Surviving…and thriving at a Job Fair

 

Confused by all the instructions sent to you by the organizers? How do you ask for an interview slot with a school at signup? What are the must have questions you need to ask? How much time do you have to mull over that offer? GGE Managing Director Rory Galvin outlines the things you need to know to ensure you’re fully prepared for that Job Fair.

 

 

  1. Know your Value

Ok- so I’m  going to let you in on a little secret. If  you are a veteran of this malarkey, you will know this already- but, the balance of power lies with the candidates at a job fair, not with the recruiters. That’s right, I said it. Confused? Think about it. 300 administrators have flown halfway around the world specifically for one reason- to hire teachers like you. It is an expensive process and if they do not fill their quotas, questions will be asked. They are competing with other schools with different salary packages, terms and conditions and advantages and disadvantages; and they are ready to make offers to bag hires as early as they can. So take confidence in the knowledge that you are a sought after commodity, and your stock during the weekend of the fair, is rising. Especially if you teach any of the STEM subjects or you are a counsellor or a librarian as these tend to be hard positions to fill. So expect offers and make sure you know what your bottom line is.

 

 

  1. Physically prepare

Perhaps oft overlooked, but in reality spending a weekend interviewing with schools is a physically      demanding endeavour. Make sure that you build in times for meal breaks so that the blood sugar doesn’t    let you down during in the inevitable question on how you differentiate. Cut back on the caffeine. As a caffeine freak myself, it can get too easy to have a quick double espresso before every interview which leads to a jumpy, heart-palpitating candidate.  Hydrate as much as possible as the hotel can be stuffy, and make sure that you take a wander outside once in a while for some fresh air. Whilst it’s a great idea to meet up with friends and have a few drinks, avoid overdoing it as a full day of interviewing with a hangover is no fun. Trust me.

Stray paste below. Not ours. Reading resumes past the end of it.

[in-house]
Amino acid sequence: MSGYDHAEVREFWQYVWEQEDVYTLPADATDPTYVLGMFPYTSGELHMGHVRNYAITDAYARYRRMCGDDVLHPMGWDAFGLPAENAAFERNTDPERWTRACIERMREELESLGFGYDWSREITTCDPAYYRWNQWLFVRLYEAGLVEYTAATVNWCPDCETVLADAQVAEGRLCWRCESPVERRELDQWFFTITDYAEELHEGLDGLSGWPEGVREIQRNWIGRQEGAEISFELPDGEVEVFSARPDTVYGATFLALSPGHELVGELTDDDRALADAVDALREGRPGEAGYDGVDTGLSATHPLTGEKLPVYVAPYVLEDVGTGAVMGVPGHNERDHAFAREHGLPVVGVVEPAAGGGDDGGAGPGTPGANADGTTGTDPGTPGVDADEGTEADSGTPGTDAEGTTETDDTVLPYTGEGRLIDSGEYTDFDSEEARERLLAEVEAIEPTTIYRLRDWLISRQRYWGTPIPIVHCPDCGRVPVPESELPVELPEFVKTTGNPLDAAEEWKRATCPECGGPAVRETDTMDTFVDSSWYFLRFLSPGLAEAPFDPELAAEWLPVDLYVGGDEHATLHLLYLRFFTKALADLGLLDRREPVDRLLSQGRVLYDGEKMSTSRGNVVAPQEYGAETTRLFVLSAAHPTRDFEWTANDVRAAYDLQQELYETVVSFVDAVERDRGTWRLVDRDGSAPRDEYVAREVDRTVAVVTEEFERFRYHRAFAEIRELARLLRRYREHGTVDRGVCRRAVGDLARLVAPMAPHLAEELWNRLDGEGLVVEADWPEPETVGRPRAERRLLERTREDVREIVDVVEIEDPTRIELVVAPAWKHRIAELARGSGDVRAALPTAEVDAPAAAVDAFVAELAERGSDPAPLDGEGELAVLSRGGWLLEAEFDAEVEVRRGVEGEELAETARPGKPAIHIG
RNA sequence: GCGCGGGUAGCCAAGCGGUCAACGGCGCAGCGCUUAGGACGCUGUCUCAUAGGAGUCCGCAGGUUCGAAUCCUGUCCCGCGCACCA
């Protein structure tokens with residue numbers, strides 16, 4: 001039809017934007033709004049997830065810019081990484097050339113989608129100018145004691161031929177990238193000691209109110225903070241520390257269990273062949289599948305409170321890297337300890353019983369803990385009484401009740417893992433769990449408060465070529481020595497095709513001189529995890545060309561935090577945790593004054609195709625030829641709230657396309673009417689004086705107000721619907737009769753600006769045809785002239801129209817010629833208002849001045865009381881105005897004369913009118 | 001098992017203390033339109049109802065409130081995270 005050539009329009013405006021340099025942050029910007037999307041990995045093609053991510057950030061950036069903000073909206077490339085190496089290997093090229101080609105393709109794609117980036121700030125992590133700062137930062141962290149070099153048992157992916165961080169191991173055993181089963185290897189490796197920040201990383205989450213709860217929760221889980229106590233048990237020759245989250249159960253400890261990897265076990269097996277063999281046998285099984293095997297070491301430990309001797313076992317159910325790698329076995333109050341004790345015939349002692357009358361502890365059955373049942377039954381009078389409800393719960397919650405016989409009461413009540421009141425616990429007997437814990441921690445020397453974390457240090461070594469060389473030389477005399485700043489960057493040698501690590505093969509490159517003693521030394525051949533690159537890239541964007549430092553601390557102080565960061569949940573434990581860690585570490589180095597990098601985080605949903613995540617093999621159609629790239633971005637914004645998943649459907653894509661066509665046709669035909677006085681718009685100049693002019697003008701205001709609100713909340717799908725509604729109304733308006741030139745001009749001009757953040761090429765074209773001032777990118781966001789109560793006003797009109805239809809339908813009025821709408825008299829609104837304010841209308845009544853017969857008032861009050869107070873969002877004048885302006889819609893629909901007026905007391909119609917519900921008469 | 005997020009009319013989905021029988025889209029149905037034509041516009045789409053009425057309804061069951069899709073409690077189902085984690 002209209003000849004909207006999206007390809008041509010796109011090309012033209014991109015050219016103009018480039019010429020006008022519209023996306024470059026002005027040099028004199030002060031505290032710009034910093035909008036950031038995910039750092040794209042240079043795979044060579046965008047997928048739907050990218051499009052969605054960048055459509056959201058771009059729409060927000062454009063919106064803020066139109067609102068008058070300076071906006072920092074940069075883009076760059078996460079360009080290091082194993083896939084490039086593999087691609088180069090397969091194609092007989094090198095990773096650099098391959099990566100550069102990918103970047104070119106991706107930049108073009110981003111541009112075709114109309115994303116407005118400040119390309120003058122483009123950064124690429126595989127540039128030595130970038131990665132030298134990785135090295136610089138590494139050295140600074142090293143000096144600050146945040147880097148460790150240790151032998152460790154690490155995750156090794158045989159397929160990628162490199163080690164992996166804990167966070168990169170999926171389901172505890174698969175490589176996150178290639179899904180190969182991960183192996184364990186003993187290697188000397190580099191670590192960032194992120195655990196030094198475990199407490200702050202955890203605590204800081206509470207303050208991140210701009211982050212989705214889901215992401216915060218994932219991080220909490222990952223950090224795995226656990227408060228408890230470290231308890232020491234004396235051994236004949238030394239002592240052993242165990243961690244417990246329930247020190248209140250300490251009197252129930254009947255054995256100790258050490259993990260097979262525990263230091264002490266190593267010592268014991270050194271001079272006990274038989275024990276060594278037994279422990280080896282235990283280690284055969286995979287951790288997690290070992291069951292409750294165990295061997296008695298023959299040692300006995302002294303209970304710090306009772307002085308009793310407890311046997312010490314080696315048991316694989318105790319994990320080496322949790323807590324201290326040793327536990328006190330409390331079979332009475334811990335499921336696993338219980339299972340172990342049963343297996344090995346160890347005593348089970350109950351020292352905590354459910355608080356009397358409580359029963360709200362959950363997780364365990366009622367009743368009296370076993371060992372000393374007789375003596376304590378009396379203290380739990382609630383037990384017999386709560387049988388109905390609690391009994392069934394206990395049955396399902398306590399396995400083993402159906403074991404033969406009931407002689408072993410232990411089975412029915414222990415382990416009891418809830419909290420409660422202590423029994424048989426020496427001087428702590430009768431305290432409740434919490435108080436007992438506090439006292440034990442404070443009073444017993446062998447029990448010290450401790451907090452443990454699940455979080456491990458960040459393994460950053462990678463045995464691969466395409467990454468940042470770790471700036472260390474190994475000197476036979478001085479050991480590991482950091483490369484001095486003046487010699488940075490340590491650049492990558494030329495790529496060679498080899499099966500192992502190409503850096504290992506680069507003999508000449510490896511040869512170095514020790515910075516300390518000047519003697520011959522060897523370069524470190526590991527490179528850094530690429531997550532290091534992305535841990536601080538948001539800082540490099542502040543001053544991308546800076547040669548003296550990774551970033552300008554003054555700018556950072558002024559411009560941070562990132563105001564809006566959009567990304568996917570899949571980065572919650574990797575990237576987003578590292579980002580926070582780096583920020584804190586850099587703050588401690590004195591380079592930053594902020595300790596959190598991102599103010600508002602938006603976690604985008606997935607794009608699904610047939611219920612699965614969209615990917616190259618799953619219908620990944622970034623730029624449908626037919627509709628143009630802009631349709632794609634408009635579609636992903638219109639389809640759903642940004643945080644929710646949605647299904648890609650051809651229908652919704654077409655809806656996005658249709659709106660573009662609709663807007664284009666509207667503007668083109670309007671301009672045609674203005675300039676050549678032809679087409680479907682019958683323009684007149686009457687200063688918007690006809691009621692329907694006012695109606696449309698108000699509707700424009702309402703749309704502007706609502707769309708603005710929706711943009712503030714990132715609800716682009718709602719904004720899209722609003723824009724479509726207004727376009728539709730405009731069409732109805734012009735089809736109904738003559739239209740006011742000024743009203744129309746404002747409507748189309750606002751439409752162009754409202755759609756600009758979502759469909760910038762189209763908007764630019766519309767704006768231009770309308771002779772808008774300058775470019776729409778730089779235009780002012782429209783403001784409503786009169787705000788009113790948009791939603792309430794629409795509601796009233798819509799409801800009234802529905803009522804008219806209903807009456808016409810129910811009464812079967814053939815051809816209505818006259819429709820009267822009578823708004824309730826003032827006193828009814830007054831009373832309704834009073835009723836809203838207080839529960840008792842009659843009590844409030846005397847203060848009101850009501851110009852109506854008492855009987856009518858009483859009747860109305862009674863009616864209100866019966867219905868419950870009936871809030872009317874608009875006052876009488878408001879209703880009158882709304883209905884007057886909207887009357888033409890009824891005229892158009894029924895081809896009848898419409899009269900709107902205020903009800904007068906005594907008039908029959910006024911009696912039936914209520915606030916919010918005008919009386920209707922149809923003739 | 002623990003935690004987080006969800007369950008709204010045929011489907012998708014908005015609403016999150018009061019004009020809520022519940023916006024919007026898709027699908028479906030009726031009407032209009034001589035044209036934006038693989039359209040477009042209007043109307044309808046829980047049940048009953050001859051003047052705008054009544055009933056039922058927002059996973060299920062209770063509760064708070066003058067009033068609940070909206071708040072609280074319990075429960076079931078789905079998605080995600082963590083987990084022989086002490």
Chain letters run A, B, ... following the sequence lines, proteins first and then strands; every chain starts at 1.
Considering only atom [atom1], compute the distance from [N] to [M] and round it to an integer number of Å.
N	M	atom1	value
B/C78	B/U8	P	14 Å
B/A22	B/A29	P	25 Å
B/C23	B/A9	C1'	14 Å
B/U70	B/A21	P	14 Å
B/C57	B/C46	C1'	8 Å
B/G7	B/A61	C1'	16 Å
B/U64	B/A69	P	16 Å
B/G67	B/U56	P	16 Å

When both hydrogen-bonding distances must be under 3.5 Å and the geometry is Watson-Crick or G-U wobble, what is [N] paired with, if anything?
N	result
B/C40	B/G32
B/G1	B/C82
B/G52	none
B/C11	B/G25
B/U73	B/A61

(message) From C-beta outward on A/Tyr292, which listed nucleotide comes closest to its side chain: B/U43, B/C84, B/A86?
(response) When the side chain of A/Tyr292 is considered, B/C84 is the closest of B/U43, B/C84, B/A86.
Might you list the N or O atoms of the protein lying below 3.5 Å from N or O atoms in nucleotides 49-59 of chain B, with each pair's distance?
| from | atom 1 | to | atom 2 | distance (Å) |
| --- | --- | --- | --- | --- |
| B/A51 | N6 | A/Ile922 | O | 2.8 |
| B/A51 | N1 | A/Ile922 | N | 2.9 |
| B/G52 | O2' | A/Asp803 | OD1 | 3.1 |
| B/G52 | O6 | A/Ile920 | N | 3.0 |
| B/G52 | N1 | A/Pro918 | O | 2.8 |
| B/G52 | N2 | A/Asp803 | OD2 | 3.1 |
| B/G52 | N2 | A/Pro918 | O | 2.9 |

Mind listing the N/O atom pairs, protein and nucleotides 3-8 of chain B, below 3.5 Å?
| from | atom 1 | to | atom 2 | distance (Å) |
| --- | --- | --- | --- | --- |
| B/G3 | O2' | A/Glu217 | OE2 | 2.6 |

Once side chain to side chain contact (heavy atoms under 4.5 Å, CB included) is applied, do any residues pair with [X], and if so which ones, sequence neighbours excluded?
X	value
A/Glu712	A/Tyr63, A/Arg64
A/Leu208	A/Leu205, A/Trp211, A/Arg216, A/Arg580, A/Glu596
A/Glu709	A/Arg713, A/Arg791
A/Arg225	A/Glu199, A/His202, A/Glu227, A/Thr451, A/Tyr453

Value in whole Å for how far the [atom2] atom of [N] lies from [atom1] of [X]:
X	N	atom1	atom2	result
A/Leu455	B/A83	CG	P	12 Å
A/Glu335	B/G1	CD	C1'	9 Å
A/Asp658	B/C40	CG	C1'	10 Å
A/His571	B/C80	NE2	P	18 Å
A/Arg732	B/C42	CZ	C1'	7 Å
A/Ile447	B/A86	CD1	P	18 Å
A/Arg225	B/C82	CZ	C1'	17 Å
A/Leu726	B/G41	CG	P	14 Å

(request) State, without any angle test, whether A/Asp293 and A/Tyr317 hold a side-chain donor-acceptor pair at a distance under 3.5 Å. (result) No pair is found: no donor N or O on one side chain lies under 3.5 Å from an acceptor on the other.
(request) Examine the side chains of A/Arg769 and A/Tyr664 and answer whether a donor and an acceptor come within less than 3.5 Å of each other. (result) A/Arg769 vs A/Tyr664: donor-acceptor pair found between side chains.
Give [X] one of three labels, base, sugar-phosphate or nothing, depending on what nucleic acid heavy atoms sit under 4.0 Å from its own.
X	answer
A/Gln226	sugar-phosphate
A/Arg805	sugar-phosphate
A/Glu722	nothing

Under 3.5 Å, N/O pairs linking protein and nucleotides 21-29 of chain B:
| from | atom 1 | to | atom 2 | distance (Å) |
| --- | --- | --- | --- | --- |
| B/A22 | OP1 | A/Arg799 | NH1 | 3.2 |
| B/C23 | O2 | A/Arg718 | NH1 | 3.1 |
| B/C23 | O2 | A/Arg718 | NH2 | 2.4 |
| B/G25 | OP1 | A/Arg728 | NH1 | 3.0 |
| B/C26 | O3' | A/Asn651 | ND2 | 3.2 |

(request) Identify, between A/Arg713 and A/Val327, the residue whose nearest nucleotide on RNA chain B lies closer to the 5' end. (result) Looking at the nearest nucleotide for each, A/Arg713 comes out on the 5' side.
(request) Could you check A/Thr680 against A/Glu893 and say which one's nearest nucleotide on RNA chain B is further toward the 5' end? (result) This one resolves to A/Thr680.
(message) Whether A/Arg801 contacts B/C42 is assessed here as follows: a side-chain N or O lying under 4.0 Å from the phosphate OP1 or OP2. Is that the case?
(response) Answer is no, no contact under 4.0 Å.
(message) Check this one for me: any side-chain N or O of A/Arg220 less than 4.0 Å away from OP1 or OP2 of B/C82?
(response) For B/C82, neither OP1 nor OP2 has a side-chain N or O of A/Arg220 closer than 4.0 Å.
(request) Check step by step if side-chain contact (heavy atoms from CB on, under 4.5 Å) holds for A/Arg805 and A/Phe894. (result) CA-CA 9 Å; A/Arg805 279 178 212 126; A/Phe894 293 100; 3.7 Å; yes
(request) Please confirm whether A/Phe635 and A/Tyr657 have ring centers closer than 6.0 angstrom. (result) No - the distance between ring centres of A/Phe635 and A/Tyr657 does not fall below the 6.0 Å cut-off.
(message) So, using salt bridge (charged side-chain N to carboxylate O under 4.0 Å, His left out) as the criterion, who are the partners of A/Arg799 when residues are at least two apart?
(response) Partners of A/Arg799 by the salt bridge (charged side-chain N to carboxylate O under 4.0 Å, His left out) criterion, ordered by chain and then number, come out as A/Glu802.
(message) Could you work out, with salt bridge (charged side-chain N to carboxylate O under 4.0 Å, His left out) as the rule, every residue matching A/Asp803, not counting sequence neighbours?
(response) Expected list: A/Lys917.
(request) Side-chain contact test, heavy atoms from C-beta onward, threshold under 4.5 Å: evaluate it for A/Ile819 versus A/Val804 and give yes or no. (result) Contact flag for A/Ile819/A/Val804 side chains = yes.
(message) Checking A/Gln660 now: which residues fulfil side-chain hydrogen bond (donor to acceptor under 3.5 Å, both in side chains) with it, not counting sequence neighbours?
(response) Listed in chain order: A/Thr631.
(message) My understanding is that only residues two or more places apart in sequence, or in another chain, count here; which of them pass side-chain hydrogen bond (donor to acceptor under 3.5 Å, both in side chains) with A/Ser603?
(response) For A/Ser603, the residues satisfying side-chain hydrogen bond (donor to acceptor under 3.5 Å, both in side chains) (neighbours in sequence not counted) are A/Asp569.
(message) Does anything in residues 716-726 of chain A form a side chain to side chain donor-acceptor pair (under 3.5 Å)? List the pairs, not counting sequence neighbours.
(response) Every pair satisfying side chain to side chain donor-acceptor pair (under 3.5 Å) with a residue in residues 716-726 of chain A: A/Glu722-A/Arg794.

1. Do your Research

You may already have an idea of where you want to go, and you may even have already lined up interviews with those schools. The weeks and days prior to the fair are the times to ensure that you know exactly what is on offer and what the advantages and disadvantages are of each school. You need to know what the cost of living is, how much you want to save, whether the country is a good fit for you in your context, how easy it is to travel to/from. It is useful to attend the school presentation session, but remember you may be interviewing with other schools at that time. Ideally you should be in a position where you have whittled down the schools you like and you are ready to target them. If that is the case, make sure you contact them ahead of time so they know you are interested and they have the opportunity to view your profile.